# Three proofs that the sum of angles of a triangle is 180

**Theorem**. The sum of the interior angles of any triangle is 180°.

Here are three proofs for the sum of angles of triangles. Proof 1 uses the fact that the alternate interior angles formed by a transversal with two parallel lines are congruent. Proof 2 uses the exterior angle theorem. Proof 3 uses the idea of transformation specifically rotation.

Proof 1

Construct a line through B parallel to AC. Angle DBA is equal to CAB because they are a pair of alternate interior angle. The same reasoning goes with the alternate interior angles EBC and ACB.

Proof 2

This is similar to Proof 1 but the justification used is the exterior angle theorem which states that the measure of the exterior angle of a triangle is the sum of the measures of the two remote interior angles. In the diagram, angle A and angle B are the remote interior angles and angle BCD is the exterior angle. Click this link for the proof of the exterior angle theorem.

Proof 3

Rotate ΔABC 180° clockwise about D the midpoint of BC. This rotation produces the image ΔA’B’C’. Rotate the image again by 180° clockwise but this time about E, the midpoint of A’B’. In the figure you can see that a+b+c forms a straight line and hence measures 180°.

@Denise and Jeff. Here’s a link to the applet I created for Proof 3. http://curriculum.nismed.upd.edu.ph/2013/03/dynamic-worksheet-for-teaching-geometric-relations/. You are right Jeff, it creates parallelogram and can be used as materials for teaching other geometric relations.

Proof 3 relates to what we do in grades 4-6: Create triangles on paper, tear off the corners (angles), and align them to create a baseline, hence sum =180º.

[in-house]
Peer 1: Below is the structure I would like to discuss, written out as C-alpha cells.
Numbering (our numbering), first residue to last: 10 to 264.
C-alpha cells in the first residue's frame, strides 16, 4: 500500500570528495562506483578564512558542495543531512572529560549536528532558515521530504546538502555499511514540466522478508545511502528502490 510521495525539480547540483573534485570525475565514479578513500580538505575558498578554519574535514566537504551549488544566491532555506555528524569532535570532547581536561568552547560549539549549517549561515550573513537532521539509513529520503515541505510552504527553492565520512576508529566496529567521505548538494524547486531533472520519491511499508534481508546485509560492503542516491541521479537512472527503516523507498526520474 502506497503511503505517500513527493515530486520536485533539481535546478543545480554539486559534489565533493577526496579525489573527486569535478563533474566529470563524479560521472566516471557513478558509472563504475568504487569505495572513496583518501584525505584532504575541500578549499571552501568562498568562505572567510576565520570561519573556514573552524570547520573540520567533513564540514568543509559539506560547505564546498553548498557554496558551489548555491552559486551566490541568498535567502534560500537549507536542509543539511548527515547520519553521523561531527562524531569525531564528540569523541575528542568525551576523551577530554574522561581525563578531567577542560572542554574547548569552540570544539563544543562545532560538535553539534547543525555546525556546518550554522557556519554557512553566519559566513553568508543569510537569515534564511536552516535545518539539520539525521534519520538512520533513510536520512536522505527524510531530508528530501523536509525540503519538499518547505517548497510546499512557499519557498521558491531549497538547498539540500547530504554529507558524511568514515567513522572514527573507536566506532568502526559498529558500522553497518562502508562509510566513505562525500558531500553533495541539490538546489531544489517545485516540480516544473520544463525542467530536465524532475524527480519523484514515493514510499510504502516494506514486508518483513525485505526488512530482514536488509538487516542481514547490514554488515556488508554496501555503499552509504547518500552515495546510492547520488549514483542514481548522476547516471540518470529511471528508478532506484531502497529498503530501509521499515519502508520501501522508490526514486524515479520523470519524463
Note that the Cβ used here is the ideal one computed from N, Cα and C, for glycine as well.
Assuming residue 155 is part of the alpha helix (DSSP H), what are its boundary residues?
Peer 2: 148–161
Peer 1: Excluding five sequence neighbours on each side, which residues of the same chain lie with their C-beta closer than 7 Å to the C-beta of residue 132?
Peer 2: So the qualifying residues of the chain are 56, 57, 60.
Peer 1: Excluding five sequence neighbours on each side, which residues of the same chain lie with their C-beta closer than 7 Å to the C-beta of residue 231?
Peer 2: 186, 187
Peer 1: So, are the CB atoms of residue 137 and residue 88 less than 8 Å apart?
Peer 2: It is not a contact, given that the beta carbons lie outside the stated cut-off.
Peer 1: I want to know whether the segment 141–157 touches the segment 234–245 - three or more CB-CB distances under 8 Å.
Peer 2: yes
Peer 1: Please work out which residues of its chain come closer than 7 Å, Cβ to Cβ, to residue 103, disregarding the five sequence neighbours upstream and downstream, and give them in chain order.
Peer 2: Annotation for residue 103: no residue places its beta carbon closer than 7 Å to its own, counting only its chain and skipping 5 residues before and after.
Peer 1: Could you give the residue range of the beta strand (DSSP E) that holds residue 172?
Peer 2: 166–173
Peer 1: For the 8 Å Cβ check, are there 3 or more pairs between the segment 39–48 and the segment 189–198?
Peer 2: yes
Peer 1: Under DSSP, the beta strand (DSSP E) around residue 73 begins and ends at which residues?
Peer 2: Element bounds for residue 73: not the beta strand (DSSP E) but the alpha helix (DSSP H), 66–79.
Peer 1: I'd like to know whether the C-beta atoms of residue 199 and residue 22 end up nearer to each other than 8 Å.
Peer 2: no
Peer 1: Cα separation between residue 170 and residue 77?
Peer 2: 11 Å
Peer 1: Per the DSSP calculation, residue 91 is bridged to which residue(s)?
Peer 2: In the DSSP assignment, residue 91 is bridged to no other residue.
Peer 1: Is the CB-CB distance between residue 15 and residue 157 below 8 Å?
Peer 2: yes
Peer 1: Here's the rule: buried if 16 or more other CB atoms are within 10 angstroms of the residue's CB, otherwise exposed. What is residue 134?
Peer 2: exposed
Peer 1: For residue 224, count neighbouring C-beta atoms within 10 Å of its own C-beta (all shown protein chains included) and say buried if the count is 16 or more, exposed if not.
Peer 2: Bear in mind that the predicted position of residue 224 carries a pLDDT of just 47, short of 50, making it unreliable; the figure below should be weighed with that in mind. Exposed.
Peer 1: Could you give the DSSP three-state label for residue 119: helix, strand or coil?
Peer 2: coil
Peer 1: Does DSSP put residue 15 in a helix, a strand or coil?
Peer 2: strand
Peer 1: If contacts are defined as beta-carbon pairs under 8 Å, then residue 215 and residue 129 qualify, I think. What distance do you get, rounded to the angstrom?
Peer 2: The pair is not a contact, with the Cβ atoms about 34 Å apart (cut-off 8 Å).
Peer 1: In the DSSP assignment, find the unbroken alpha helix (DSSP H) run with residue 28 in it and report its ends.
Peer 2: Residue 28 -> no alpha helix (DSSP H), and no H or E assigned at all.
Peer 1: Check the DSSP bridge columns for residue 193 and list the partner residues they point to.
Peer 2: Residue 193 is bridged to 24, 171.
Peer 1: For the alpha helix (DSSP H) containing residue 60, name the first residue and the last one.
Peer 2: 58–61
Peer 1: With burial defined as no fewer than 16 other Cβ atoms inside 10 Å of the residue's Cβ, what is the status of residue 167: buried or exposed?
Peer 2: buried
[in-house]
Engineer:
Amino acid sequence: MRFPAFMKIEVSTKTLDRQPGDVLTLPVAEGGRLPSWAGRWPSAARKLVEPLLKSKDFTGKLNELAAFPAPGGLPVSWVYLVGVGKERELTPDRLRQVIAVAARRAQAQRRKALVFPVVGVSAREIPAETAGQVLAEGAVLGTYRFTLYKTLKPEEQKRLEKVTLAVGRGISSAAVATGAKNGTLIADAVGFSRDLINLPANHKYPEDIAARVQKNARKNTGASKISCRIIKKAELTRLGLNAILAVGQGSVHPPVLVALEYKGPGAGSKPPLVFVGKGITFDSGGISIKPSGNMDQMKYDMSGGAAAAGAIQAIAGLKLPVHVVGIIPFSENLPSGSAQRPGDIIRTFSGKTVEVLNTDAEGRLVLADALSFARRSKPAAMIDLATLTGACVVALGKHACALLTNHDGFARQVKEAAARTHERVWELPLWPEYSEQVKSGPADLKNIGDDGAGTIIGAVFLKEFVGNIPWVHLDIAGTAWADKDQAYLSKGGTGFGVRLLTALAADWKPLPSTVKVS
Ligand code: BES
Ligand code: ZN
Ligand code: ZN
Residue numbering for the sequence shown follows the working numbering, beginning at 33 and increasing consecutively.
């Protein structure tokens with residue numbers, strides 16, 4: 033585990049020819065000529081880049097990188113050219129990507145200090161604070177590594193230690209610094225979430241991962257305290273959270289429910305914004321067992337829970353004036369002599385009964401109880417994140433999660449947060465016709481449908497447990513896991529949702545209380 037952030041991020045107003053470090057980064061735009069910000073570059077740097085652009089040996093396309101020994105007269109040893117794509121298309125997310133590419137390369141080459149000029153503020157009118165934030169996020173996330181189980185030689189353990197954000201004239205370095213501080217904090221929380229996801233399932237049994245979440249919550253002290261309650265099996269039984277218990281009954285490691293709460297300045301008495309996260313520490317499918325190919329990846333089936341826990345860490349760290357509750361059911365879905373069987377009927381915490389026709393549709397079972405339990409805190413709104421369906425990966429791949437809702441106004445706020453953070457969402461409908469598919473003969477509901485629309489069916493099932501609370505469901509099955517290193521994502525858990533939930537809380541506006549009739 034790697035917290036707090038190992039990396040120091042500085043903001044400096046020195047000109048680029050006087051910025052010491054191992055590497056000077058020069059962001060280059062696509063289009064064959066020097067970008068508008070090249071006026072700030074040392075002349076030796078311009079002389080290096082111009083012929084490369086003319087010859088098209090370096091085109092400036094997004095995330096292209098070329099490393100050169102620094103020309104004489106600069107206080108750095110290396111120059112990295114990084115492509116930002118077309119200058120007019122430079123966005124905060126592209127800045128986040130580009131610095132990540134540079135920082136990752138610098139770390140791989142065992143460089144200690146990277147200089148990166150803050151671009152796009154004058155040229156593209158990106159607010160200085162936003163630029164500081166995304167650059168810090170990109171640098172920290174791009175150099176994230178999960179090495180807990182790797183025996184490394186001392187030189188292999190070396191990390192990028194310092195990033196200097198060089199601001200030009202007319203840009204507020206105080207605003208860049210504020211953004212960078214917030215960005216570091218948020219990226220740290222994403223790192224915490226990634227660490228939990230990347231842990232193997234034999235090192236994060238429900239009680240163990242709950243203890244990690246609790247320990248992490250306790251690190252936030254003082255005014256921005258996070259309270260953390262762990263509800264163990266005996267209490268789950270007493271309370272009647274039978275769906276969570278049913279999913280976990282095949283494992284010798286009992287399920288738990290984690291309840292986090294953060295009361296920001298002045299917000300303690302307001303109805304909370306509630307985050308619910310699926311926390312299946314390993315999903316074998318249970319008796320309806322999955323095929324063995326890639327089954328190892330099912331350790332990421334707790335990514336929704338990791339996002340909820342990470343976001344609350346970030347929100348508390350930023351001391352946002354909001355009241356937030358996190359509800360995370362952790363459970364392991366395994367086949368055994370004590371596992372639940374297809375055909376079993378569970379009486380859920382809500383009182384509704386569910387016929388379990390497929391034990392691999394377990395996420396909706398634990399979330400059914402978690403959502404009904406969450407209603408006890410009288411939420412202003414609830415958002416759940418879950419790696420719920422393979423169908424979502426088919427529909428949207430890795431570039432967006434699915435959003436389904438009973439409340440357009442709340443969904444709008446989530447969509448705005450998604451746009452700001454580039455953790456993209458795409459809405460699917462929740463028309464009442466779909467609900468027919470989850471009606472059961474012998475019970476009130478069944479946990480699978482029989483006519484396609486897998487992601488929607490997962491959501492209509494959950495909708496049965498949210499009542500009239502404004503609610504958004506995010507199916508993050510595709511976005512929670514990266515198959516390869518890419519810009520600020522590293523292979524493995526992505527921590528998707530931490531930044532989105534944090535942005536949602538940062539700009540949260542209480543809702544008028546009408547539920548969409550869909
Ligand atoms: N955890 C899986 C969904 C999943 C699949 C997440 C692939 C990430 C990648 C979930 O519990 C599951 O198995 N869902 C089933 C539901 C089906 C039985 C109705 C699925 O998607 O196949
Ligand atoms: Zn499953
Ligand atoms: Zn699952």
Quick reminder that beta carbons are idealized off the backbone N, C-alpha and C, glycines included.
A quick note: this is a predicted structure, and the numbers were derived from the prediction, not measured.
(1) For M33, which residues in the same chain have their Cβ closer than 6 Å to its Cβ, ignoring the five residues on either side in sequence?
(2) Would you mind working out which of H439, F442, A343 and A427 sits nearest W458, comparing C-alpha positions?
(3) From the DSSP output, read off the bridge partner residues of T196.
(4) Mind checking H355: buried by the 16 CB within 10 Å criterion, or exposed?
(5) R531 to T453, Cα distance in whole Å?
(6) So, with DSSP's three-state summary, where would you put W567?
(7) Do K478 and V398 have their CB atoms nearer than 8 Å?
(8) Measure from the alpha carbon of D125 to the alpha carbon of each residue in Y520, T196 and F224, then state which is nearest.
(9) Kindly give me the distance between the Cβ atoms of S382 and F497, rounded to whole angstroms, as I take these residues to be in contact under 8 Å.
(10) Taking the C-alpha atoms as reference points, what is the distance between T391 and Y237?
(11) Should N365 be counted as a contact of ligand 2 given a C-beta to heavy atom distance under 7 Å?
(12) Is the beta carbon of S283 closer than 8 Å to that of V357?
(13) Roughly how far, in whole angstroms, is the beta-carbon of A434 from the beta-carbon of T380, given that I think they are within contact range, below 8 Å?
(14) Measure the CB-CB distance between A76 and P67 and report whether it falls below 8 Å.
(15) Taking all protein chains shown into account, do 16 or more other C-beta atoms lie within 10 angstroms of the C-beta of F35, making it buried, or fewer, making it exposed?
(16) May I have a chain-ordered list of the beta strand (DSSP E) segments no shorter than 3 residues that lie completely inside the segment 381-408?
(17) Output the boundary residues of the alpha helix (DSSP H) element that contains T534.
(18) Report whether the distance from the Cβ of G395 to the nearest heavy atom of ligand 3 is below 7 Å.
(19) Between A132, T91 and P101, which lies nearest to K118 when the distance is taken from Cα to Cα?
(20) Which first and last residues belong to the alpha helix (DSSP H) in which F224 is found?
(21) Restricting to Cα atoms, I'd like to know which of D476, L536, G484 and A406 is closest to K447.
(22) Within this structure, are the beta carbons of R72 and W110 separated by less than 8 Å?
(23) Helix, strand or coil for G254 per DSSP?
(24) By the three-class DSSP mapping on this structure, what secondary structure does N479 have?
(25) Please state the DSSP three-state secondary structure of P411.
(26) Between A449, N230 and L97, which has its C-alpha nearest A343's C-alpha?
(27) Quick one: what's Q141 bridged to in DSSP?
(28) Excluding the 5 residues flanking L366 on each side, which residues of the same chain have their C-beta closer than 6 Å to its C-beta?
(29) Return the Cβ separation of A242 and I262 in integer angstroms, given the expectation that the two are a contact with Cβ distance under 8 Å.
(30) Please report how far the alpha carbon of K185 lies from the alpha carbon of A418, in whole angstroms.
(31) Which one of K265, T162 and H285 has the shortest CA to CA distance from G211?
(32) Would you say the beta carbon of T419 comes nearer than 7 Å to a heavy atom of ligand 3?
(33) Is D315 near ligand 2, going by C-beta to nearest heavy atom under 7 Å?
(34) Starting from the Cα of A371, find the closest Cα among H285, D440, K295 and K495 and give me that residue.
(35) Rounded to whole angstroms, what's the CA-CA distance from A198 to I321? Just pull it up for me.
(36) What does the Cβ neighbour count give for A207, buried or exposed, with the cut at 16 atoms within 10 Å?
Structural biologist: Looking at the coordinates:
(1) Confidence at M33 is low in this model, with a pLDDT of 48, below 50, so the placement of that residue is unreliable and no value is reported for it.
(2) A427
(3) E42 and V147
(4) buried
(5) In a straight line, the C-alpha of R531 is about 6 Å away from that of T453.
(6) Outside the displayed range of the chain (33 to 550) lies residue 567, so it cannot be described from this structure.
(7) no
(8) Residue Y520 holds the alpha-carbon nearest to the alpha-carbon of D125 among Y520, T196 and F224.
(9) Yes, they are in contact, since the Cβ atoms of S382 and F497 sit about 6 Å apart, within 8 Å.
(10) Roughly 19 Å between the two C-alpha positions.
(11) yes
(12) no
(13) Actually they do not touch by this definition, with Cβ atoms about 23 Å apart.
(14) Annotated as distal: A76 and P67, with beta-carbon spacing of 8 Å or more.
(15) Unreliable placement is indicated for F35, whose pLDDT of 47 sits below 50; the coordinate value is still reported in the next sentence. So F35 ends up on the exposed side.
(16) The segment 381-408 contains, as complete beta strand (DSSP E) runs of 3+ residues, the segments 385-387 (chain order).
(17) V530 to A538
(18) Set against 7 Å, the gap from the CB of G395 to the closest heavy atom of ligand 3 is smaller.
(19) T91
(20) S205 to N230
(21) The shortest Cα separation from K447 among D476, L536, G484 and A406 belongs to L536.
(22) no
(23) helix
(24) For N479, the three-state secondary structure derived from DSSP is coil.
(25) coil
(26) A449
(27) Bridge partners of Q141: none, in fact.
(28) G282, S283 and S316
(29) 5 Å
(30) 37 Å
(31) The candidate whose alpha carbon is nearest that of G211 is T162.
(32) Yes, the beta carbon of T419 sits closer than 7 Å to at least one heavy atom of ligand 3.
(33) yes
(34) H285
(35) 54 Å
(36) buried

I do like that, in proof 3, one creates parallelograms, and can see that alternate interior angles are congruent.

A couple of questions:

Proof 2: Isn’t the fact that the angles add up to 180 degrees used in proving the exterior angle theorem? Well, that’s the way we did it in my geometry class (uber-many years ago), but there’s always more than one way to prove a theorem — so how *would* you prove the exterior angle theorem without using this sum?

Proof 3: I don’t remember much about rotations, since my geometry class just skimmed over that chapter. How do you know for sure that this technique forms a straight line?

Hi Denise,

Yes some of our books also do that. They use the idea of sum of angles of triangles to prove the exterior angle theorem. But in cases where the former has not been proven, we use the idea of alternate interior angles and linear pair to prove the exterior angle theorem. Pedagogically, the latter should be the case. The proof of the exterior angle simply becomes one of the application of alternate interior angles. Thanks for your comment. I was inspired to make a post about the proof of exterior angle theorem.

I will write another post for your query re Proof 3. Thank you.

Just a minor edit:The same resigning goes the

resigning should be reasoning

Thank you. I will correct it.